2012-11-01 / News

Candidate statements – Town Council



I was born a Jamestowner. I took the ferryboat home from Newport Hospital. I graduated from the Jamestown school system, North Kingstown High School, and the University of Rhode Island, where I studied economics and information systems.

As a former software engineer for IBM, I was fortunate enough to live and work in places like Scotland, England and Holland. This international experience has given me a valuable perspective for the needs of the individual in a community.

In 2008, my wife and I r
BLAKE DICKINSON BLAKE DICKINSON eturned to Jamestown to raise our two children, 8 and 6 years old. Both children attend Melrose Avenue School, which makes any issues regarding our school needs very important to me as a parent and as a potential council member. Because my family and my family of friends live in Jamestown, you could say I never left.

I am currently an enterprise systems architect for Science Applications International Corporation based in Middletown. I would bring a local perspective in solving future challenges of Jamestown.

I’ve been active as vice chairman of the Jamestown Republican Town Committee since 2010. For the last four years I have served on the Taxpayers Association of Jamestown, including two years as president. We limited budget increases for the past three years, opposed the wind turbine, challenged consultants and secured paper ballots at town financial meetings for voter privacy. I strongly believe that the taxpayer should be in charge.

I enjoy volunteering in the community throughout the year, but find much of my time dedicated to fundraising for many local and national charitable organizations. I’m committed to keeping Jamestown affordable and family friendly for all of us to enjoy for years to come. Town government must be userfriendly and accessible. Many of its services should be automated and web based to improve access, convenience and visibility into town government operations.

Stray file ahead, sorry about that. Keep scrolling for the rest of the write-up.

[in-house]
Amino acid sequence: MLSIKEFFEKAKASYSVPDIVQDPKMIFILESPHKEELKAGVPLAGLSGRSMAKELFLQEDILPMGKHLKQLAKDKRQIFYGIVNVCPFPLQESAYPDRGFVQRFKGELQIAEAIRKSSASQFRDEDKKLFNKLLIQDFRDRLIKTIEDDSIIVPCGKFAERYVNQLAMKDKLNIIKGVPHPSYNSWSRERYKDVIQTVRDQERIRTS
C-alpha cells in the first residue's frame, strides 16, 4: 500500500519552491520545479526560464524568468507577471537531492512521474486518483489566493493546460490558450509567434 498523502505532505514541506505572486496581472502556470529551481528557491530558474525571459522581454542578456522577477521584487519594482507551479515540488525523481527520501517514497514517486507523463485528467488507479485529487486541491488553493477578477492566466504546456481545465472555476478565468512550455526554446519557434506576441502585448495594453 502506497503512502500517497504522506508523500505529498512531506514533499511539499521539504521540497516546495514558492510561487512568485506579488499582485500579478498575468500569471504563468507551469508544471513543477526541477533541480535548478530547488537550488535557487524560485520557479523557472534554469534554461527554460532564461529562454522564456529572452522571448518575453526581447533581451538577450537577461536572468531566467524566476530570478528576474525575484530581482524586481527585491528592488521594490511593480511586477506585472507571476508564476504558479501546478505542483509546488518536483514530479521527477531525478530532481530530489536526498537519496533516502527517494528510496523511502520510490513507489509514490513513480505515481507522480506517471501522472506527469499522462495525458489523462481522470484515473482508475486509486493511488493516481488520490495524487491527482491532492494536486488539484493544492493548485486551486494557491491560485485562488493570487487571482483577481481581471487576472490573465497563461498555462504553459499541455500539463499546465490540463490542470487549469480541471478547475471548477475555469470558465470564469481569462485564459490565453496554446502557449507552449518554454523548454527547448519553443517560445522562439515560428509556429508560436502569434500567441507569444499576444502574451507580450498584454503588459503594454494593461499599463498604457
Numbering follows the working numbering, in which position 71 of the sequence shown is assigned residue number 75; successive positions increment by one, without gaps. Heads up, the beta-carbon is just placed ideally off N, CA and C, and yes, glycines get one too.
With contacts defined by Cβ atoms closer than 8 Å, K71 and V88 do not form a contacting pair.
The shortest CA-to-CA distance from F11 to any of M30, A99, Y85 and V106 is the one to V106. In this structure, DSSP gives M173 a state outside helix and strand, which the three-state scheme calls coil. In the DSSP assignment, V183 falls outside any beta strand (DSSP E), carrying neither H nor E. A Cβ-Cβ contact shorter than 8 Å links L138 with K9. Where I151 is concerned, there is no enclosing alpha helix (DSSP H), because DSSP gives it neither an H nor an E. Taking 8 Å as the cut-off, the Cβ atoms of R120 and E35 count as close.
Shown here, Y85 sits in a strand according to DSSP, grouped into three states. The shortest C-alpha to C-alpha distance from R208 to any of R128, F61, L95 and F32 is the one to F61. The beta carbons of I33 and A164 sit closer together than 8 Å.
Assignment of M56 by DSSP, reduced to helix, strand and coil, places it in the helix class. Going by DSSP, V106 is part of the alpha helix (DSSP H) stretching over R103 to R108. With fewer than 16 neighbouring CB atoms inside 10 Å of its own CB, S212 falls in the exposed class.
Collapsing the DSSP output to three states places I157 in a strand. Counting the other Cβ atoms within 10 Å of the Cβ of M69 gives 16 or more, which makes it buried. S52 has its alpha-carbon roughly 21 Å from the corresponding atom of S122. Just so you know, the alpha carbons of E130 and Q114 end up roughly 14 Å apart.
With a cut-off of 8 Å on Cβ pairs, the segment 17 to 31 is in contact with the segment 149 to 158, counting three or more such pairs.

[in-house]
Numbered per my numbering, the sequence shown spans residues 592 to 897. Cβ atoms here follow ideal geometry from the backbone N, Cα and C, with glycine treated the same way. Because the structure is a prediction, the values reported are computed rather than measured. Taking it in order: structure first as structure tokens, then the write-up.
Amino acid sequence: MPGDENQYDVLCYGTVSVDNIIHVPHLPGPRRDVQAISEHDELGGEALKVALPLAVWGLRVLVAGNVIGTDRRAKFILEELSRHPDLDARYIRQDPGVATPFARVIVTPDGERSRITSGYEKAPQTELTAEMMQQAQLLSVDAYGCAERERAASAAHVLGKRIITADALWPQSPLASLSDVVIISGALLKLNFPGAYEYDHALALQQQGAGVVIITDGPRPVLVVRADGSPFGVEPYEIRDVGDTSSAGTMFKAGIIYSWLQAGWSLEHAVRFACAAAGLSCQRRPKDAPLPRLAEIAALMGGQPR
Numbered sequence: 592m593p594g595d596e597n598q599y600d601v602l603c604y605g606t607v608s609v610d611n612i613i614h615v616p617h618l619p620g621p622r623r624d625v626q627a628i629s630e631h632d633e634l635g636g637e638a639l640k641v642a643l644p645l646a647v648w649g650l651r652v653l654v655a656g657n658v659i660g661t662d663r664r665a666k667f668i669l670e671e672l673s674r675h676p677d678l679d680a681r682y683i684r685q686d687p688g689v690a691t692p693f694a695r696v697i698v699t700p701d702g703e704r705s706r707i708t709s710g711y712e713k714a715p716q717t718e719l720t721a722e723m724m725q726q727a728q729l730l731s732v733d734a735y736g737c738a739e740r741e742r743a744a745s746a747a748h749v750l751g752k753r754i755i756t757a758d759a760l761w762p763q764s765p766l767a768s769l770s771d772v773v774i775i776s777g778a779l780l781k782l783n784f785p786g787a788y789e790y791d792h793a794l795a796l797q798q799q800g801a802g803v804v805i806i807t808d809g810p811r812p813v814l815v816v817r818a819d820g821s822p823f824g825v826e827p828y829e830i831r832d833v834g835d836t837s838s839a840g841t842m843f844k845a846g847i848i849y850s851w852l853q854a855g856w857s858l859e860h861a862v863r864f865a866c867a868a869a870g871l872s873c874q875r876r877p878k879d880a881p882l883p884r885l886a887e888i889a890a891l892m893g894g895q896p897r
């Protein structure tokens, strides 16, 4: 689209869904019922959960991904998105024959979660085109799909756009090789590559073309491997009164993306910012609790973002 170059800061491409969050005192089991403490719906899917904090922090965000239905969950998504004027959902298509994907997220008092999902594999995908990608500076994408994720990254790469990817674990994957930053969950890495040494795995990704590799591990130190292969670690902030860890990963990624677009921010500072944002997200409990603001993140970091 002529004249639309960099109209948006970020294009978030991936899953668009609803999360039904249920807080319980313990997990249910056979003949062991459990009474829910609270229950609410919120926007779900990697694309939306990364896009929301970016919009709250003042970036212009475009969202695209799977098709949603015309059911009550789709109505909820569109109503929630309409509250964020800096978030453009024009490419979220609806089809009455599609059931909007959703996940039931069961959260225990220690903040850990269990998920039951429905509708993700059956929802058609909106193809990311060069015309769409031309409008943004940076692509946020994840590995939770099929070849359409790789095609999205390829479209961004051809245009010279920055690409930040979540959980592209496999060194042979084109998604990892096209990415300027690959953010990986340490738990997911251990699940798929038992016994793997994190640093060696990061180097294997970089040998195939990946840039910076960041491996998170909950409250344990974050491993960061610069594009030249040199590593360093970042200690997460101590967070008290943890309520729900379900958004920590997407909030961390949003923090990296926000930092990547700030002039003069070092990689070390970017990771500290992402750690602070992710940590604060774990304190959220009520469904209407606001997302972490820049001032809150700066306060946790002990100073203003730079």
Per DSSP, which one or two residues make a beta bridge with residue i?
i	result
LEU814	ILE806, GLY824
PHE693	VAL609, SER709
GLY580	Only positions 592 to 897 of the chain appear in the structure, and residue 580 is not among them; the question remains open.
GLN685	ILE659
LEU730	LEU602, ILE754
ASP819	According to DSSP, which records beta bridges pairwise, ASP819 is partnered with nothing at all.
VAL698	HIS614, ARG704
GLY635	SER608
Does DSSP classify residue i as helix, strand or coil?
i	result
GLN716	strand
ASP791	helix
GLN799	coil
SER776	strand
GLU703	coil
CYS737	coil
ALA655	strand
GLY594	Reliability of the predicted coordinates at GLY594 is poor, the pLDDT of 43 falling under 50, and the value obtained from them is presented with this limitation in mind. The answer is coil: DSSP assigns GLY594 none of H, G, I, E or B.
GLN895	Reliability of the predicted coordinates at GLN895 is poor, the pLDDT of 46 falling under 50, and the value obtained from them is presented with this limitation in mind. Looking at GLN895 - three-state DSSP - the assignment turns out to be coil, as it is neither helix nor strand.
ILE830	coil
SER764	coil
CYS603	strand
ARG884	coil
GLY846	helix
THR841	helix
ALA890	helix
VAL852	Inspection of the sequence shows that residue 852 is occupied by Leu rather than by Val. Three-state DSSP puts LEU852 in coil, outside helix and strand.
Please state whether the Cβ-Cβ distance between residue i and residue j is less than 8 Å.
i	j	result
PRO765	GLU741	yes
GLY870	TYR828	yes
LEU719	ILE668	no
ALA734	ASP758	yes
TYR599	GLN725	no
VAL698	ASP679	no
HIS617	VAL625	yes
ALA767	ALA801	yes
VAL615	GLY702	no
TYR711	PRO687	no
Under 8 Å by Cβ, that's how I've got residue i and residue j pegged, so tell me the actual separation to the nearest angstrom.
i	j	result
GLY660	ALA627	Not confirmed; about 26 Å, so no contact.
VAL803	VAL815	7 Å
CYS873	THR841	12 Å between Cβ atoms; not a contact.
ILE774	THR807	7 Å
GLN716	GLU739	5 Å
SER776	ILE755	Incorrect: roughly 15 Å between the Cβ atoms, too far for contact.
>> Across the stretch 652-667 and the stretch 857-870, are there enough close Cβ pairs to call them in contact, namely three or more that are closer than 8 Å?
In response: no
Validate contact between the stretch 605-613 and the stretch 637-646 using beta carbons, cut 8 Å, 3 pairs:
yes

For example, town financial meetings should be respectful and sensitive to voters. I have pushed for paper ballots and other changes that encourage participation and ensure personal privacy.

I believe that decisions should benefit everyone, not just specialinterest groups. I’ve advocated for more transparency with the town and school budgets so that taxpayers understand the value of services they receive.

On Nov. 6 I ask for your vote. Together we can bring balance, accountability and respect back to Jamestown. Let’s end one-party politics in Jamestown. We need local government that’s balanced, creative and practical.

My running mates and I bring value and have a track record of advocating for taxpayers. We are all stakeholders in fostering a more respectful and responsive local government that serves the community.

 If you want change in how the local government serves the community, vote Blake, Paul and Lowell.

With many of the issues facing Jamestown, I believe with your help we can bring a refreshing change to local government, one that serves the interest of the community.



As a resident of Jamestown for 28 years, I have had an invaluable opportunity to benefit from the culture, community and citizens of this great island. It is my desire to give back to such a caring community that I can proudly call home.

Entering the business world as a young entrepreneur, hard work, commitment and dedication quickly became a way of life. With perseverance and foresight, a successful business emerged – one that employed more than 80 people. 
DAN CAPUANO DAN CAPUANO My experience with union negotiations, finances and business development were greatly enhanced. These are the skill sets that I intend to utilize as a member of the Town Council, in conjunction with a collaborative and collective effort with other council members, for both the betterment and preservation of the island of Jamestown.